Food rationing began on 8 January 1940, four months after the outbreak of war. Rationing of other items followed and it would be 14 years before it ended.

At first limits were imposed on the sale of bacon, butter and sugar, then on 11 March 1940 all meat was rationed. Clothes coupons were introduced and a black market soon developed while queueing outside shops and bartering for extra food became a way of life. Rationing of sweets and chocolate began on 26 July 1942.

Each person was issued with a ration book. Children under 6 got half the adult ration, children aged 6-16 had ‘blue’ ration books, with no tea allowance.

1,300 local Ministry of Food offices distributed the ration books, licensed food dealers and enforced regulations. Retailers registered with specific wholesalers, and consumers registered with specific retailers for every basic commodity except tea, clothes and soap, which could be purchased at any shop.

Regulations were always being added and it became illegal to sell cakes with icing or to feed bread to wild birds as the war progressed.

From 1 December 1941 additional points coupons were issued: 16 points for four weeks. Consumers chose what to ‘spend’ these on:

  • Tinned meat, tinned fish, tinned vegetables
  • Dried fruit, pulses, pasta etc

Points could not be carried forward but could be used in any week in the period. Retailers were told how many points to ‘charge’ for items.

Three years after the end of the war, a Gallup Poll asked readers of the 'News Chronicle' which of their problems they would most like to sit down and discuss with the Prime Minister: 17% of the respondents said food; 13% the high cost of living; 12% housing; 6% fear of war; 3% clothing; 3% cigarettes; 2% household goods; 1% petrol; 1% household fuel; and all others less than 3%. Economically, workers were complaining that food shortages were adversely affecting their ability and incentive to work hard.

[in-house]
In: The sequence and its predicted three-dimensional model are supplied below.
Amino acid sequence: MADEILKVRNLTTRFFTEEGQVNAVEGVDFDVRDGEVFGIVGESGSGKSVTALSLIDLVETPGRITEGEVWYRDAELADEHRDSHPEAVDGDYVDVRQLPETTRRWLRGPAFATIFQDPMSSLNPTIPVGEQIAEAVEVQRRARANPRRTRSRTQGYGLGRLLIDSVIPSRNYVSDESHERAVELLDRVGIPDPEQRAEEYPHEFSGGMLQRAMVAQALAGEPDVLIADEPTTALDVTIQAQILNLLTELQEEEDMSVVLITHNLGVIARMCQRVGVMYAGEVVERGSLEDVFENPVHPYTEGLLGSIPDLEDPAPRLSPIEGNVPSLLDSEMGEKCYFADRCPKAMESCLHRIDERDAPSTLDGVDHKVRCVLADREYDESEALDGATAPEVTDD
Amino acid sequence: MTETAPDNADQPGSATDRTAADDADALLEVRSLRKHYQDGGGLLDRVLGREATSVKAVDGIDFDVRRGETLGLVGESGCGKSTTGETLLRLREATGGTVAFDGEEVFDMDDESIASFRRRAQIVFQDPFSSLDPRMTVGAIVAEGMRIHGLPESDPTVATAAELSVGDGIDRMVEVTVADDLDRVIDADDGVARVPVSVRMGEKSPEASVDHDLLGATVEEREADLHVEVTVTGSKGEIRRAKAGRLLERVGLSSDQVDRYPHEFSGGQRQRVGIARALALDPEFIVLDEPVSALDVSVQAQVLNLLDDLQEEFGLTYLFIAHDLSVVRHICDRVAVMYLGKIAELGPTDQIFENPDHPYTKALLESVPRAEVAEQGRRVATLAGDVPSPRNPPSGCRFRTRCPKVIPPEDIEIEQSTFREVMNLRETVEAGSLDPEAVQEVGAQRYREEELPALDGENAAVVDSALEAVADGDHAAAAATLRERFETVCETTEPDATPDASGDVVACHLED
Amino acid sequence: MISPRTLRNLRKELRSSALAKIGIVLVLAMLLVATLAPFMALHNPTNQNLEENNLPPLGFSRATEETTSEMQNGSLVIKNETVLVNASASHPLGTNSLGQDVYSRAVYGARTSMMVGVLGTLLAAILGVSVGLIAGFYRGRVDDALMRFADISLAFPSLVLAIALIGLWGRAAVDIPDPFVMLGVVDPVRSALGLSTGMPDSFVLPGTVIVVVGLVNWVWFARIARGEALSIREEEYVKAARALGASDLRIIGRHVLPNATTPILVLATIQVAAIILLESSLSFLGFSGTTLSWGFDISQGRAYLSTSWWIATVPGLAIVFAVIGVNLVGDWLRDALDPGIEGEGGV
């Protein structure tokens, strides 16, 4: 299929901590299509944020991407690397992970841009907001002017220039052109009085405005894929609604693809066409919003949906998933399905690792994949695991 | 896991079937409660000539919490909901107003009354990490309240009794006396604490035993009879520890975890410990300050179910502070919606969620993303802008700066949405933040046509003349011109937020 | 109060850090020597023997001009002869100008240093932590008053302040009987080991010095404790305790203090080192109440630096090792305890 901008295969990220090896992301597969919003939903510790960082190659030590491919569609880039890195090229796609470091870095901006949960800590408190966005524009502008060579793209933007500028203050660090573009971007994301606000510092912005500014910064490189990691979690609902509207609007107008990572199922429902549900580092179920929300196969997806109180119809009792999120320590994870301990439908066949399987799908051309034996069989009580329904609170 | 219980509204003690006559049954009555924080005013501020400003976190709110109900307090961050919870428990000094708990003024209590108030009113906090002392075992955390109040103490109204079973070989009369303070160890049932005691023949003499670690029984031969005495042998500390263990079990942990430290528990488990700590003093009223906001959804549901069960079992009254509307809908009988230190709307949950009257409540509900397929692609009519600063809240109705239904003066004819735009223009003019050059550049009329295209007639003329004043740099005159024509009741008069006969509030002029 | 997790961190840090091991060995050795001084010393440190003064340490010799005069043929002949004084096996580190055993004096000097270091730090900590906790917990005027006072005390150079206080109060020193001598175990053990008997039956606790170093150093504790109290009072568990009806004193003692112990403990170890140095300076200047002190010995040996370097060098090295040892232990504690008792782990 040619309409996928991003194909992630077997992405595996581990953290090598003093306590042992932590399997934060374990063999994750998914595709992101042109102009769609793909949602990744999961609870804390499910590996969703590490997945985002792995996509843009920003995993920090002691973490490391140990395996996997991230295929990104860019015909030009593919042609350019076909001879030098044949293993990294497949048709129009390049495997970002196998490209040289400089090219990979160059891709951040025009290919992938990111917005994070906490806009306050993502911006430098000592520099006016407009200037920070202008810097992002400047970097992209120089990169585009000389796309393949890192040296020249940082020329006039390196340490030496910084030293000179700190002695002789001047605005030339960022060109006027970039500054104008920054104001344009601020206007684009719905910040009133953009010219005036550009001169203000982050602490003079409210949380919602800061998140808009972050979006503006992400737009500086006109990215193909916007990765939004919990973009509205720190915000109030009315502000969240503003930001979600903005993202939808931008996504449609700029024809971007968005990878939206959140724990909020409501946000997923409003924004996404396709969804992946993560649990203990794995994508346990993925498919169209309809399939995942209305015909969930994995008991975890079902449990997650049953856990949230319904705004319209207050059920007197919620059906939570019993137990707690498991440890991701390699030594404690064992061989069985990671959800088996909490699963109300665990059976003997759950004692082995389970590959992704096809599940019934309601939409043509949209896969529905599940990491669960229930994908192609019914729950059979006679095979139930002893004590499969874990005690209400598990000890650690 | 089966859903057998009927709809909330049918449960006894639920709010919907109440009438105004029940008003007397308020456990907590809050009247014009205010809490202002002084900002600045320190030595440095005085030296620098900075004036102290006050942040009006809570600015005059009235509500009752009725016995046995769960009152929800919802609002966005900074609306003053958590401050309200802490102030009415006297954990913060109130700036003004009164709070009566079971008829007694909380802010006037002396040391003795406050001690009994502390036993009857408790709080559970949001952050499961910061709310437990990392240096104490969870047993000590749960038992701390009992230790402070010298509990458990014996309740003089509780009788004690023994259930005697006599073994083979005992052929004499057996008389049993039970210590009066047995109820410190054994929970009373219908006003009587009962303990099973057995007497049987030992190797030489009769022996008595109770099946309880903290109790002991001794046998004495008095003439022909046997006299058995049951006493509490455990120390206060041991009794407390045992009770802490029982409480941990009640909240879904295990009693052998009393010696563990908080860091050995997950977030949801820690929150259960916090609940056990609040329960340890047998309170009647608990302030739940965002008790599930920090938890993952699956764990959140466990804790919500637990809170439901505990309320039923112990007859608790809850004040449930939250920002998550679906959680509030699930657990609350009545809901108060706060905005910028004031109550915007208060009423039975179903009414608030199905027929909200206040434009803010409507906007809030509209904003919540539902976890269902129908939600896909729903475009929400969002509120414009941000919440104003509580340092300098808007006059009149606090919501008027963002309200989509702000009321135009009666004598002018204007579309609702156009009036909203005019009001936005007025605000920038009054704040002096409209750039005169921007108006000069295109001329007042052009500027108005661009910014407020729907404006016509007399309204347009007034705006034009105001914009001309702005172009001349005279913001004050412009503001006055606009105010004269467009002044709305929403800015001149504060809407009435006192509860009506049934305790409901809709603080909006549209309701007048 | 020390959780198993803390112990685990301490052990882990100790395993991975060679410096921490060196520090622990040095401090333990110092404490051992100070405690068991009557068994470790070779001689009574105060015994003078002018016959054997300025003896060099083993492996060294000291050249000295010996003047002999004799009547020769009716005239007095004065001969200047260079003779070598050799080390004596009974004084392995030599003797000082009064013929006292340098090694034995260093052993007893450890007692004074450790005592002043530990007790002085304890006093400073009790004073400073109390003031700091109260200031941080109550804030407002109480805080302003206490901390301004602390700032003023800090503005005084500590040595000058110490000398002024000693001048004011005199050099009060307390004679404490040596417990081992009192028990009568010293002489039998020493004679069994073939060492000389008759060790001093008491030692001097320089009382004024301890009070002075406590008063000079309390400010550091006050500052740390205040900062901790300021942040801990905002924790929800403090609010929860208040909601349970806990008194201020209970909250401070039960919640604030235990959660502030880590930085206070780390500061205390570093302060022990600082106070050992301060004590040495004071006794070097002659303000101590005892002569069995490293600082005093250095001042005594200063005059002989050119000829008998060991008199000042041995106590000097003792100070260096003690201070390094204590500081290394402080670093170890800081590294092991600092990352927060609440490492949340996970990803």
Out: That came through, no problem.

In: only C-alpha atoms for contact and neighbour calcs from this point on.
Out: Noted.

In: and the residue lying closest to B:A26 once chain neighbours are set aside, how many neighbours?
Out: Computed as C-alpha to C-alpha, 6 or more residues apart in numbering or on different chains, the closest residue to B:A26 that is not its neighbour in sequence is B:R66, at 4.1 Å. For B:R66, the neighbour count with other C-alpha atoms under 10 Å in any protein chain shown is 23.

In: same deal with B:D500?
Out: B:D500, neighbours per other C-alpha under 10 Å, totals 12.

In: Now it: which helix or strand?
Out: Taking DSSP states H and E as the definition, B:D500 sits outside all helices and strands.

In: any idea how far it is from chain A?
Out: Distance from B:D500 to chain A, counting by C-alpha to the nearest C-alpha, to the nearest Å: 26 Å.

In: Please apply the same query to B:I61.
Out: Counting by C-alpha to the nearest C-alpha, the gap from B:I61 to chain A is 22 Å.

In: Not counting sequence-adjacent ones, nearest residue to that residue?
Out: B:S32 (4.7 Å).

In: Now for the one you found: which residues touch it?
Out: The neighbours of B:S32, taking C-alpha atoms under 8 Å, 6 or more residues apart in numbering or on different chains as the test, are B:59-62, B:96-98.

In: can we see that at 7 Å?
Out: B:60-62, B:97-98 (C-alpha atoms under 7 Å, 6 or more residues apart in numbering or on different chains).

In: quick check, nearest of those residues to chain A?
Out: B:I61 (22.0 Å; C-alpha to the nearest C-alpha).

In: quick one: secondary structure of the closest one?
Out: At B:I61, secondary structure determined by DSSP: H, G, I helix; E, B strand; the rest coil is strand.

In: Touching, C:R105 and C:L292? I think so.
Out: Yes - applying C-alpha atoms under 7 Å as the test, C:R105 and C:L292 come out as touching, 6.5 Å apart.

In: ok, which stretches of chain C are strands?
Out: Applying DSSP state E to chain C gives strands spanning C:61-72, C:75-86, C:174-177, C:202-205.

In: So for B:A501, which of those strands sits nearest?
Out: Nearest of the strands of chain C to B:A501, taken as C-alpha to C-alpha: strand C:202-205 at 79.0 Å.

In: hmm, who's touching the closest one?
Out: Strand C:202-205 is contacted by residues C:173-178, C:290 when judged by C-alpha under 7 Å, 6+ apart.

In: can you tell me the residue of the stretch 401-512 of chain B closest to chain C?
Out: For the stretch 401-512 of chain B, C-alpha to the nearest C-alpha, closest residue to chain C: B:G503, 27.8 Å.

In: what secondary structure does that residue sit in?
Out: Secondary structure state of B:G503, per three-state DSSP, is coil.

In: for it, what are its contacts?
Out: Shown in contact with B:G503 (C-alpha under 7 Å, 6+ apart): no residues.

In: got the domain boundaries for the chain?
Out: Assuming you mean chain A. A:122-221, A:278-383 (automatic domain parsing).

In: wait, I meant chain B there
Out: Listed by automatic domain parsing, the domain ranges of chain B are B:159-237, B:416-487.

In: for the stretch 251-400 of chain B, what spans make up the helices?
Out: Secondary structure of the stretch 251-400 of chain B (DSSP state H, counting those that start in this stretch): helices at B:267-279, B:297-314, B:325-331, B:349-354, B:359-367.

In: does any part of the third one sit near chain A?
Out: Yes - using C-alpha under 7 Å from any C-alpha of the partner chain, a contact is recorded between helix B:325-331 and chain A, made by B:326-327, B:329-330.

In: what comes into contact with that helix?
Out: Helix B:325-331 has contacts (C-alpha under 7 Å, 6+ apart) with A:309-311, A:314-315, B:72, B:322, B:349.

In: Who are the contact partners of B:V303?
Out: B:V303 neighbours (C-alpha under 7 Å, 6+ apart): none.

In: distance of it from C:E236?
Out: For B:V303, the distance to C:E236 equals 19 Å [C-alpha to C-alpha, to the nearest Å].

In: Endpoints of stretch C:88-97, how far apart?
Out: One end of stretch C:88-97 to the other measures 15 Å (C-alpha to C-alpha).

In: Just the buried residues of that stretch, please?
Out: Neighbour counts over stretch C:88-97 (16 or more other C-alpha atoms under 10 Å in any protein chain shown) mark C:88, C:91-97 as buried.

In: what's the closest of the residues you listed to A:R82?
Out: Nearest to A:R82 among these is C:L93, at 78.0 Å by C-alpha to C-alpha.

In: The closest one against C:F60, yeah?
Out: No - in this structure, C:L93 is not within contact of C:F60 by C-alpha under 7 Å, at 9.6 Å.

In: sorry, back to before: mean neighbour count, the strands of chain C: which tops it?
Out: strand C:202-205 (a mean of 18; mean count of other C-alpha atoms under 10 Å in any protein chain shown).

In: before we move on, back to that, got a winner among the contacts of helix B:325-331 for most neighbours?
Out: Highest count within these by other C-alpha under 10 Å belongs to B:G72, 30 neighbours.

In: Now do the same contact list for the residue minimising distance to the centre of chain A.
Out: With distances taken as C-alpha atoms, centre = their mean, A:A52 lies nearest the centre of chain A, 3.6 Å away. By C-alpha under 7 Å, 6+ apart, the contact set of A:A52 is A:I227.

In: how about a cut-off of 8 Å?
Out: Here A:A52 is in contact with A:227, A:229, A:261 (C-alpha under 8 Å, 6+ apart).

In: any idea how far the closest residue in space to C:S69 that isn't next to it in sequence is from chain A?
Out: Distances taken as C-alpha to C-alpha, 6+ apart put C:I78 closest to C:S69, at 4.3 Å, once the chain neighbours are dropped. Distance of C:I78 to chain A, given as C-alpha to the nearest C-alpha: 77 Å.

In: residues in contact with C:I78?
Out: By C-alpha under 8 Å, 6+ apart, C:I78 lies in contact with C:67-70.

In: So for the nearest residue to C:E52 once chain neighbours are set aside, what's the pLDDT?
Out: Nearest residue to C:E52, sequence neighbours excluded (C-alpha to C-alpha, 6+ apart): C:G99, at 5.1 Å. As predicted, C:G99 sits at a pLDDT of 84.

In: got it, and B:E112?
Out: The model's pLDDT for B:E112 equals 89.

People felt that they had been fed better during the war. Bread rationing had only been brought in in 1946. According to the government’s own ‘Social Survey’ of April 1948, 55% of respondents felt that they were not getting enough food to keep them in good health, compared with a figure of 28% of people in 1942, while 5% of all workers and 66% of all manual workers felt that they would be able to work harder if they had more and better food.

Restrictions were gradually lifted from 1948, three years after war had ended, starting with flour on 25 July 1948, followed by clothes on 15 March 1949. On 19 May 1950 rationing ended for canned and dried fruit, chocolate biscuits, treacle, syrup, jellies and mincemeat. Petrol rationing, imposed in 1939, ended in May 1950 followed by soap in September 1950. In 1953 sales of sugar were off ration and in May 1954 butter rationing ended.

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